Between estheticians, massage therapists, cosmetologists, barbers, hairstylists, nail artists, and more, the beauty and wellness industry has over one million employees across the U.S., according to the Bureau of Labor Statistics. While most of these employees are passionate about what they do, many still feel the burden of stress that stems from work and financial issues outside the workplace. Luckily, employers can offer tools, like financial wellness, to help their employees with these stressors.
Sources of Stress
Before identifying the tools that can help beauty and wellness employees’ stressors, it’s important to understand the most common factors affecting workers in this industry.
- Long Hours: Clients often schedule their styling, makeup, spa, and wellness appointments when they’re not working, which means a lot of early mornings, late evenings, and weekends for the employees performing these services. These long hours may mean more money spent on childcare, a higher chance of burn out, longer hours on their feet, and an increased exposure to chemicals that may lead to health issues later on.
- Employee Wages: Similar to the restaurant industry, the beauty and wellness industry depends largely on tips from clients and not solely on the salary given by the employer. Due to the wide variety of services beauty and wellness employees provide, not every client tips the same and wages may vary from day to day and month to month.
Each employee has a different financial journey, so understanding the financial priorities of different demographics can help employers tailor plans to best meet employee needs.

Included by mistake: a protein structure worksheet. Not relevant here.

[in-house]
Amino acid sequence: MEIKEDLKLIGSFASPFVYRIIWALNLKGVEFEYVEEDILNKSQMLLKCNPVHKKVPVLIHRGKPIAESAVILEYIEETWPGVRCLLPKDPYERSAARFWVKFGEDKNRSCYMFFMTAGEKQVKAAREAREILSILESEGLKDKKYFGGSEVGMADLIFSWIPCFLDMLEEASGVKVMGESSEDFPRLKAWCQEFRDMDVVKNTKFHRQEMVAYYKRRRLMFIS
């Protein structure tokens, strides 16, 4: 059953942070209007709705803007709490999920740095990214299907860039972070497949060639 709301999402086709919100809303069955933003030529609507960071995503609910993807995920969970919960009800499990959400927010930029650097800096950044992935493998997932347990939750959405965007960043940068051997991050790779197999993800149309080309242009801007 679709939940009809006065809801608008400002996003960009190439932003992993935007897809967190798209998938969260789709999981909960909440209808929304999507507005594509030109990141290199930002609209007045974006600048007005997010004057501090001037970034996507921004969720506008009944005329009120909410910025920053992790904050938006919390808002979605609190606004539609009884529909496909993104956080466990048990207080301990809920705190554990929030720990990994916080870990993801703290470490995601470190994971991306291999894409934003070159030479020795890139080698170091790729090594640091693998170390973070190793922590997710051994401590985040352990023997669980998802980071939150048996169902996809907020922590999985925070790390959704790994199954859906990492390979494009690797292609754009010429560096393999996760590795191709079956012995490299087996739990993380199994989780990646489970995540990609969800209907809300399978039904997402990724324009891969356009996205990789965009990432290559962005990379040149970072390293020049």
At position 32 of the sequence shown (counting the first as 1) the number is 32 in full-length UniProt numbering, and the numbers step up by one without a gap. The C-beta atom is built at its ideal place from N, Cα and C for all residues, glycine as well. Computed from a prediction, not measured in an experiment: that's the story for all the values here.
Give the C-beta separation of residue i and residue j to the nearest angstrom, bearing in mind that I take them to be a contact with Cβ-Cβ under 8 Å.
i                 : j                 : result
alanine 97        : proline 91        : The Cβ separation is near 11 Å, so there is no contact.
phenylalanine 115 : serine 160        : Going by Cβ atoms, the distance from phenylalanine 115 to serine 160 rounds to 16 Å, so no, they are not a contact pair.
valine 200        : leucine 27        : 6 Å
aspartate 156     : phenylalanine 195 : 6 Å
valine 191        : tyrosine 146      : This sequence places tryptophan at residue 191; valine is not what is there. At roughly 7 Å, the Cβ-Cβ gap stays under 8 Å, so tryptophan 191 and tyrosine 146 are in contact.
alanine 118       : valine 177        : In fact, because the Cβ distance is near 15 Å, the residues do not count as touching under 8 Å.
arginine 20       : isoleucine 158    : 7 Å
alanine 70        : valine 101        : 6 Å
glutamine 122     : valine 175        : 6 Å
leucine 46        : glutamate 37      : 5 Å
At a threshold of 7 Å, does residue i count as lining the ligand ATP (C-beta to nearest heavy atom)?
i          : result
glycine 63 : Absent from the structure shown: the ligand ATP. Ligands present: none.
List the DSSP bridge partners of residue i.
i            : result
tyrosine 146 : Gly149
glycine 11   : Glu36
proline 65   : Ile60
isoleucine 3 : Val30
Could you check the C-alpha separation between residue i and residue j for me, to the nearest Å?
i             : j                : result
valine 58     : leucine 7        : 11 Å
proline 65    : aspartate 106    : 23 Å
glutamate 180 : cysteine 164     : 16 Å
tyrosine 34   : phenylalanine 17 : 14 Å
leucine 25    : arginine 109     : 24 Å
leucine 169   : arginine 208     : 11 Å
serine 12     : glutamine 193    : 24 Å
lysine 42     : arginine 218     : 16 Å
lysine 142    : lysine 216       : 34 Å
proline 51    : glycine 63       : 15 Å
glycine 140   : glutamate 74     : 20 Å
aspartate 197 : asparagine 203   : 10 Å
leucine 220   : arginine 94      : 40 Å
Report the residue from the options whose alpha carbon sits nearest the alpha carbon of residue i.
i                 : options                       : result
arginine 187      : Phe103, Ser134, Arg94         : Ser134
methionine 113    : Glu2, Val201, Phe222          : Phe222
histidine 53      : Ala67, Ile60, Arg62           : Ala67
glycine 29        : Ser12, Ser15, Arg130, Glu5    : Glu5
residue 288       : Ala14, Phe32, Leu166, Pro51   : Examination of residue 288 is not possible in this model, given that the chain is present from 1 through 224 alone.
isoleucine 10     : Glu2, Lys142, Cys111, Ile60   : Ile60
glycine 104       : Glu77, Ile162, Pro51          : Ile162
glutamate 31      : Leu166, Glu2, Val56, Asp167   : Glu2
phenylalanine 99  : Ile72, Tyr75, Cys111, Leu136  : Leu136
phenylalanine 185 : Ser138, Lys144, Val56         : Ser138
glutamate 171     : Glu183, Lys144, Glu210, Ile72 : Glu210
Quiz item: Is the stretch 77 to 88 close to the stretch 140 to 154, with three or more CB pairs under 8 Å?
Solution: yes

Younger employees, like millennials, may feel more confident about their financial journey, but nearly 70 percent of them say they haven’t saved anything for retirement, according to a recent survey from Earnest. This lack of saving combined with other financial stressors, like paying for beauty school and rent, can take a toll on their job performance.
In contrast, older employees, like Gen X and baby boomers, are usually more focused on retirement, healthcare costs or sending their children to college.
Financial Wellness for Beauty and Wellness Employees
Full-time beauty and wellness employees may receive financial wellness benefits in the form of retirement plans and financial perks or discounts at work, but these benefits aren’t always right for them. Employers should instead individualize benefits to match their employees’ needs.
Not only are financial wellness programs customizable, they often include different communication tools to help employers communicate with employees. Older employees may prefer handouts or on-demand access to resources, while younger employees may prefer digital reminders to check their benefits.
Regardless of age, it’s likely that beauty and wellness employees need help navigating their personal finances. Taking a targeted approach with customizable resources and personalized communication can help employees better understand their own personal financial journey and address the stressors that are impacting their personal and professional lives.
About the Author: Chris Whitlow is the founder and CEO of Edukate, a platform that amplifies financial wellness efforts through data-driven insights and solutions. Edukate drives user engagement, scales with any size organization and integrates with a company’s existing benefit providers and other third-party solutions to meet individual needs. Edukate is a one-stop destination for employees, providing guidance for challenges they are currently facing, and connecting them with the employer benefits that matter to them most—all while cultivating a culture of positive financial awareness.